[Hat tip Moshe]
Rama Burshtein’s new film, “Fill the Void,” takes place in a setting that will be unfamiliar to most viewers: the confined world of the ultra-Orthodox in Israel. In this sphere, gender roles are strictly defined and every aspect of life, from the spiritual to the mundane, is governed by a complex array of laws and customs designed to emphasize the perceived needs of the community over individual desires.
Marriages are arranged. Social interaction between men and women is limited and regulated. Fathers are the authority figures in families, and the rabbi is the authority figure in the community. And yet, under Ms. Burshtein’s direction, “Fill the Void,” which opens on May 24, is a love story in which an 18-year-old girl is largely able to determine her destiny.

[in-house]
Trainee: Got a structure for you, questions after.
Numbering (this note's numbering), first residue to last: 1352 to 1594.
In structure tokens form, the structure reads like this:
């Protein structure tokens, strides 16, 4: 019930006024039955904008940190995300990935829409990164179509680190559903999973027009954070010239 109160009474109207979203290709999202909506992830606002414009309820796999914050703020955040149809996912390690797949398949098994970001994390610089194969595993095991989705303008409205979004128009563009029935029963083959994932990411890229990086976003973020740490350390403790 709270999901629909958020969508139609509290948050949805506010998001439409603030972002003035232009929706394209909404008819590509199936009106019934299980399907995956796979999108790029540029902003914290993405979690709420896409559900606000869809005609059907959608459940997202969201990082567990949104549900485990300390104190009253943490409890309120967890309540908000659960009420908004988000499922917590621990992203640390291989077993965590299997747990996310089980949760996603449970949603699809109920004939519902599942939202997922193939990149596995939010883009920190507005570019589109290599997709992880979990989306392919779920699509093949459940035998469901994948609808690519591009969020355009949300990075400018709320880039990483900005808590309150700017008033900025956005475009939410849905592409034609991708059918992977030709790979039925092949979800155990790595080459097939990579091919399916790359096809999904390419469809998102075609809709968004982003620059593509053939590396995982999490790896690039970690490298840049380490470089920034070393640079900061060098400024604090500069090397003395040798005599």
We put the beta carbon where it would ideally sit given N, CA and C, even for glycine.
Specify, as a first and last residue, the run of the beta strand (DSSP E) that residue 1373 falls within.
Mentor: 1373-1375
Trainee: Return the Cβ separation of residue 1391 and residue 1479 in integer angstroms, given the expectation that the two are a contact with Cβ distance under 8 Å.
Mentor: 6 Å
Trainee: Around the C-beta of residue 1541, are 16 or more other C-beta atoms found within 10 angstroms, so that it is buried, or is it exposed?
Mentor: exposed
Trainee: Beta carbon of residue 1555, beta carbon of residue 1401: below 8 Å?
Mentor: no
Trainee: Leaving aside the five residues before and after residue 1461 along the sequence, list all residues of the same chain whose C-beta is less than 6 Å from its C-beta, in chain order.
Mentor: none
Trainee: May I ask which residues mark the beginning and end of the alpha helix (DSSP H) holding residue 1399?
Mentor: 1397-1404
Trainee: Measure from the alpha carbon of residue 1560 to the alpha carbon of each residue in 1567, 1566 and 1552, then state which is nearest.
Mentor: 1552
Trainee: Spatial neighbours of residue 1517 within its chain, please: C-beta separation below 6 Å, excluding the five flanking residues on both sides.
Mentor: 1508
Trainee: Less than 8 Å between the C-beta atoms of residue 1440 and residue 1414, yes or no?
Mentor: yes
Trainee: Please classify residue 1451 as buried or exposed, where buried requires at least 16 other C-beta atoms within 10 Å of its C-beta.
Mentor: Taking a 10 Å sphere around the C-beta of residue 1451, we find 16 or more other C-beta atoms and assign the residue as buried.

That such a film, Ms. Burshtein’s first feature, was made by a female Orthodox director is evidence of the growing maturity of Israeli cinema.
“Not for a moment is she trying to be someone else,” Isaac Zablocki, director of the Israel Film Center at the JCC Manhattan, an Upper West Side community center, said of Ms. Burshtein. “It’s a sign that Israeli culture is coming into its own. Filmmakers like Rama Burshtein are confident enough to tell a story from within and know it will have an audience. For Israelis to understand their own experiences — this is a revolution in Israeli cinema.”
Ms. Burshtein, who is 45, hardly comes across as a revolutionary; on the contrary, at least by outward appearance, she could easily pass as a character in her own film. Following the custom among married women in devoutly religious Jewish communities, she covers her hair, a coiled scarf framing her round face and concealing every strand. She wears long sleeves, and with her soft voice and frequent small smiles, her manner is a study in modesty.
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